The Parakeet aka Budgie – Big Personality in a Small Package
The third most popular pet in the world, after the domesticated dog and cat and have been bred in captivity since the 19th century.
The budgerigar is closely related to lories and the fig parrots. Although in general, budgies as pets live an average 8 to 10 years, they are fully capable of living closer to 20 years with proper care and nutrition. I have personally worked with several budgies that were 18 years old and still going strong.
One of the many interesting things about Budgies is that they are sexually dimorphic, meaning you can determine male and females just by looking at them, which is not always the case in the parrot world. You can also tell how old they are, more specifically, how young they are to a certain degree by observing them closely. Chicks have barring (dark band markings on their head) down the forehead to near the cere (waxy fleshy covering at the base of the upper beak or mandible where the nares (nostrils) are located). If your budgie has barring down its forehead you can be sure it is a chick. Another feature to look for is a dark tip on a chick’s beak. Also, chicks do not have an iris ring (the light ring around the iris in the eye). They get the ring as they mature which fully develops at about 4-6 months. Another way to determine the sex of the young birds is by looking at the cere. A dull, not shiny, white ring surrounding the actual nares is a good indication of a female. Often there will be a slight blue shade surrounding the white ring, this is not an indication of a male but a common feature of a young hen. In young males, the cere lack a white ring and is often a pink/purple shade, they look very much like the adult male flesh/pink cere. So… in young budgies blue is likely to be a girl and pink is likely to be a boy!
What about adults?? Girls first – adult females or hens have a cere that is anywhere from whitish-blue to a deep brown color. The color changes during the breeding season, often becoming much darker and rough surfaced and growing into a more bulging shape. Adult males or cocks cere color is most commonly a clear, bright blue. It may become a darker shade during the breeding season and fade a bit at other times.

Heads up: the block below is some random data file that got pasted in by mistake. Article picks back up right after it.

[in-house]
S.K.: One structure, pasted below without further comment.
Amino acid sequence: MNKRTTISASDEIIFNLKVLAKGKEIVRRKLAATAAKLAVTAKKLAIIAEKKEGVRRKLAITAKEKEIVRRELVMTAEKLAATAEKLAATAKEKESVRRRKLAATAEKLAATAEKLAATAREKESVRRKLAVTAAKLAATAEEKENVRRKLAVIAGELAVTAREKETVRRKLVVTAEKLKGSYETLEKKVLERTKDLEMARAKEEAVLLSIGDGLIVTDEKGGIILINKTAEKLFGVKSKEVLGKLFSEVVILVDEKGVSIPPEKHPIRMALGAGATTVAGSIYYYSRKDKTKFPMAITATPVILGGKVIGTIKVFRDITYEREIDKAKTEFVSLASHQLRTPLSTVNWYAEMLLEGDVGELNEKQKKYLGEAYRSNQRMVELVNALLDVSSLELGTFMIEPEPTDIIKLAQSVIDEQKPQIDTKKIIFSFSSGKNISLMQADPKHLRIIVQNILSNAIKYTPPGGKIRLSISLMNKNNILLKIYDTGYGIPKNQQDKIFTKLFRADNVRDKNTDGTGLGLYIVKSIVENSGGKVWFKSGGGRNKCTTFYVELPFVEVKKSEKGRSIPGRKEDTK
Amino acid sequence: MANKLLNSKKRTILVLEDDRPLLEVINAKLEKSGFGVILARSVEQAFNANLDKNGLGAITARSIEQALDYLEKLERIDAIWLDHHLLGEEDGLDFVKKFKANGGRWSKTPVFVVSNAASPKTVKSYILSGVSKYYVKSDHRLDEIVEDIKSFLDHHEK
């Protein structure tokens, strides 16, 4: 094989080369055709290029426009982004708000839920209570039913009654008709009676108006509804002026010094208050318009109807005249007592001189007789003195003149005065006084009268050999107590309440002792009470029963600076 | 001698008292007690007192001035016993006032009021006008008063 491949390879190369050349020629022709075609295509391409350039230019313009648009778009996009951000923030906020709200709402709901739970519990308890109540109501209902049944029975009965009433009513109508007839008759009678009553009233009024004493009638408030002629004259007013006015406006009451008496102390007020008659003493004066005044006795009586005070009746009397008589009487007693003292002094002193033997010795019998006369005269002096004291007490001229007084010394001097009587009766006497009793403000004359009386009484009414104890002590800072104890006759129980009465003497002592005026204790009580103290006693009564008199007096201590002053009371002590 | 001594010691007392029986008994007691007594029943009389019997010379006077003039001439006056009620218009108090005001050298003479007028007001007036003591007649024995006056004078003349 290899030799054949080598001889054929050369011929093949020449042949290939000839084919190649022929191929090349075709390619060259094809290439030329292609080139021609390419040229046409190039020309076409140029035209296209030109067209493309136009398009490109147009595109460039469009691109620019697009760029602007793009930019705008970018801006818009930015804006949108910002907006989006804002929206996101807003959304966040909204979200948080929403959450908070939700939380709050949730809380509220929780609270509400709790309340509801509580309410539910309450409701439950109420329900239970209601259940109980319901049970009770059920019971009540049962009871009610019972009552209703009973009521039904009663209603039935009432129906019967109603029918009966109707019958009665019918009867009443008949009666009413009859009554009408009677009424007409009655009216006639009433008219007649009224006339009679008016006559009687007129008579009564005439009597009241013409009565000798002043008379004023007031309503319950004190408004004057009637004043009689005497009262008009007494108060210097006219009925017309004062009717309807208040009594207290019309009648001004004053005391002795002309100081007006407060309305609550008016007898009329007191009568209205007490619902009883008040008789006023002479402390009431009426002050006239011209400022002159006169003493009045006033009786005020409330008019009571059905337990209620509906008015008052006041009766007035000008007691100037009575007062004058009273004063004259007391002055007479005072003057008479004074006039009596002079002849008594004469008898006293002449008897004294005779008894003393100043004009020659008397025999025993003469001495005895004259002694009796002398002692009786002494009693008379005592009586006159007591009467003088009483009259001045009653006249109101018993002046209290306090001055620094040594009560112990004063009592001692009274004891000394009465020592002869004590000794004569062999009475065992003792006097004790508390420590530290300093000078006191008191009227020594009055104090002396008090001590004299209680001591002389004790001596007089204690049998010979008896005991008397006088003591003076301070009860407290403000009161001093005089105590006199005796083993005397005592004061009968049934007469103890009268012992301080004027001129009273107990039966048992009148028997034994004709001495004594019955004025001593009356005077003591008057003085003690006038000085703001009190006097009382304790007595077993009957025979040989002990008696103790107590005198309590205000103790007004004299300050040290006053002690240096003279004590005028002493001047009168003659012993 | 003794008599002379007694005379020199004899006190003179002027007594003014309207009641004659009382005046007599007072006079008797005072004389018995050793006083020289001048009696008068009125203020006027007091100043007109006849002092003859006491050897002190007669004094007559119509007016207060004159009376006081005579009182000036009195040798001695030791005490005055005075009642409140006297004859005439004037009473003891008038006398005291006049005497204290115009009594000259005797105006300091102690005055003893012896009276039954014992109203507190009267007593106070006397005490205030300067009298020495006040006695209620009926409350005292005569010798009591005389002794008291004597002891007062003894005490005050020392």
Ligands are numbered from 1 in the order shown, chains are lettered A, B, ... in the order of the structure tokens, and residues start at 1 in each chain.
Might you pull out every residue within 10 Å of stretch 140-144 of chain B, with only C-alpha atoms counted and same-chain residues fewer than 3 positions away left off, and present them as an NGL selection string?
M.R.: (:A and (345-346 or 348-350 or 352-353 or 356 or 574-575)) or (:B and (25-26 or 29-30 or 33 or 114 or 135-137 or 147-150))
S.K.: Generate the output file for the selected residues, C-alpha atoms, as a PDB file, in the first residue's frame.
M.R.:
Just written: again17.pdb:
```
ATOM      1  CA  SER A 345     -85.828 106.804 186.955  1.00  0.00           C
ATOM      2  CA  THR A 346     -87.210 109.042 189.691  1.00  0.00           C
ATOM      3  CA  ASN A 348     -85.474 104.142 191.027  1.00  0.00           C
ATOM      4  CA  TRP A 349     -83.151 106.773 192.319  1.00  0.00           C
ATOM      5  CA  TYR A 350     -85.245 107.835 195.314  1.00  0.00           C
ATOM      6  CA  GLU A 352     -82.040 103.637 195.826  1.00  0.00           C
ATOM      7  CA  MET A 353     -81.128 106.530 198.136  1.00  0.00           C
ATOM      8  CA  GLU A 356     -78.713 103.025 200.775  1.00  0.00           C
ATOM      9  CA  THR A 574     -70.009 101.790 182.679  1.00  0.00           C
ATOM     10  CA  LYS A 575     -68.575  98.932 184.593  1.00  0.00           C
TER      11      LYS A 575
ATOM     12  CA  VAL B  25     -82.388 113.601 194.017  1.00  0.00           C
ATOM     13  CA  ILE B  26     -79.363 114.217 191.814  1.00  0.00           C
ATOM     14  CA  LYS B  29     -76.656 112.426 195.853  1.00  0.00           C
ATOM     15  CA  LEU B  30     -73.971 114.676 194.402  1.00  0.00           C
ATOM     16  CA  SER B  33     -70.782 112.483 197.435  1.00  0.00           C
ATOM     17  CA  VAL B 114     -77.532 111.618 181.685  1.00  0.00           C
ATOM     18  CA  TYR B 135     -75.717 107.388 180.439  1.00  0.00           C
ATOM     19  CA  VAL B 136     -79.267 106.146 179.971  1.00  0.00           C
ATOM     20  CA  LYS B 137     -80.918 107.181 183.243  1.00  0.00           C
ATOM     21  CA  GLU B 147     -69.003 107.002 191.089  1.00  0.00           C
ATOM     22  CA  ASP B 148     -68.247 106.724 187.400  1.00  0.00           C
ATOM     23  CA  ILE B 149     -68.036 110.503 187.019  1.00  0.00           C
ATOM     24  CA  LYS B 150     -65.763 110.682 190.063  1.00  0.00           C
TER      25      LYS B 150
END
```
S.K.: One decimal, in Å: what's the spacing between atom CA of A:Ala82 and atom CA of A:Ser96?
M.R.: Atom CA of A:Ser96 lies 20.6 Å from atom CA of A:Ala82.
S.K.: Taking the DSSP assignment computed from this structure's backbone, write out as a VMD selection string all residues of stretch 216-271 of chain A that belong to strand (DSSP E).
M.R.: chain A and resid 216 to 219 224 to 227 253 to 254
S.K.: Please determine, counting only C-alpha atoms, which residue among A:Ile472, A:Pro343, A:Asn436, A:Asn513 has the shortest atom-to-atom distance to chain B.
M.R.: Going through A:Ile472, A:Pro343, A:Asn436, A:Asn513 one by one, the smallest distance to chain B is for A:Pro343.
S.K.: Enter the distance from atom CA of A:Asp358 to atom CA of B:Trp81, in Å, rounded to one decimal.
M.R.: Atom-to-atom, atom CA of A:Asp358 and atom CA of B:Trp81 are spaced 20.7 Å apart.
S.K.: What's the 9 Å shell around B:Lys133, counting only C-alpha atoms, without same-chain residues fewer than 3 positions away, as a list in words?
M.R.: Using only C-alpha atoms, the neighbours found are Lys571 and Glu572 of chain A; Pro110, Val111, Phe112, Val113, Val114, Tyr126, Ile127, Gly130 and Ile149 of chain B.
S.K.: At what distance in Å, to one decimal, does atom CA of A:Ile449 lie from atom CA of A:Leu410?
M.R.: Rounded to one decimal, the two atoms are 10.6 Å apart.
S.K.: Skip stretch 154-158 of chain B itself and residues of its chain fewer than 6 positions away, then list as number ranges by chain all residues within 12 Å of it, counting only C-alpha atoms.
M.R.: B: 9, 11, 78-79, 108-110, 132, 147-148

What about their personality… do they make good pets???
Absolutely, Budgies make one of the best pets in all the bird world. That is one reason they are the third most popular pet in the world.
Every budgie has its own unique personality, but all budgies are naturally curious, active and playful as well as incredibly intelligent. A budgie will entertain you constantly and it is important to encourage your budgie’s curiosity and playfulness by making sure you interact with him several times daily. You should also provide various toys in the largest cage you can manage and a variety of healthy food daily. Many owners of fully tamed budgies will swear that their budgie thinks it’s a human! Even a budgie that is not fully tamed can still be an enjoyable pet. Their antics and singing will brighten up any room in your home. And budgies who are not finger tame still can become friendly towards you, and some may even still learn to talk.
Did I say talk?? Budgies are so small; can they really talk? Unquestionably!! While their voices are small and gravelly-sounding, budgies have an impressive ability to pick up on human words and phrases, and even using them in proper context. They are a great choice for those who want to own a talking parrot.
How should they be fed? Even though Budgies originated in the dry grasslands of Australia, a diet consisting only of seeds is not good for them and will eventually cause health problems. Instead, avian veterinarians like me recommend a budgie diet that includes mostly pellets with fresh vegetables and fruits including dark, leafy greens. It’s OK to feed budgies seeds as part of this diet, but no more than about 10% – I like to use them as treats and rewards for learning new tricks.
I hope you have learned something new about one of my favorite birds. It is very common for people to comment that Parakeets or Budgerigars are great” first” birds for those wanting to learn how to care for a bird as a pet. Although that is true, Budgies are also a fantastic pet and companion for those of us that have been bird pet parents and care takers of animals for many years. This is a small bird with a big personality that will bring enjoyment and companionship to your life for many years!!!
Meet Petland’s Consulting Veterinarian, Dr. Thomas Edling, DVM, MSpVM, MPH:
Dr. Edling received his BS in Industrial Engineering from Texas A&M University in 1981 and his degree in Veterinary Medicine (DVM) from Colorado State University. He previously served as Vice President of Veterinary Medicine for Petco and was on the faculty of the University of Wisconsin Veterinary Medical Teaching Hospital. In addition, Dr. Edling completed the American Board of Veterinary Practitioner’s residency program for Companion and Wild Avian Medicine and Surgery, at North Carolina State University, where he also received his Master in Specialized Veterinary Medicine (MSpVM) in 2001. In 2011, Dr. Edling completed the Master of Public Health (MPH) program at Johns Hopkins University. As a veterinarian, Dr. Edling works closely with the Pet Industry Joint Advisory Council (PIJAC), the Centers for Disease Control and Prevention (CDC) and the National Association of State Public Health Veterinarians (NASPHV).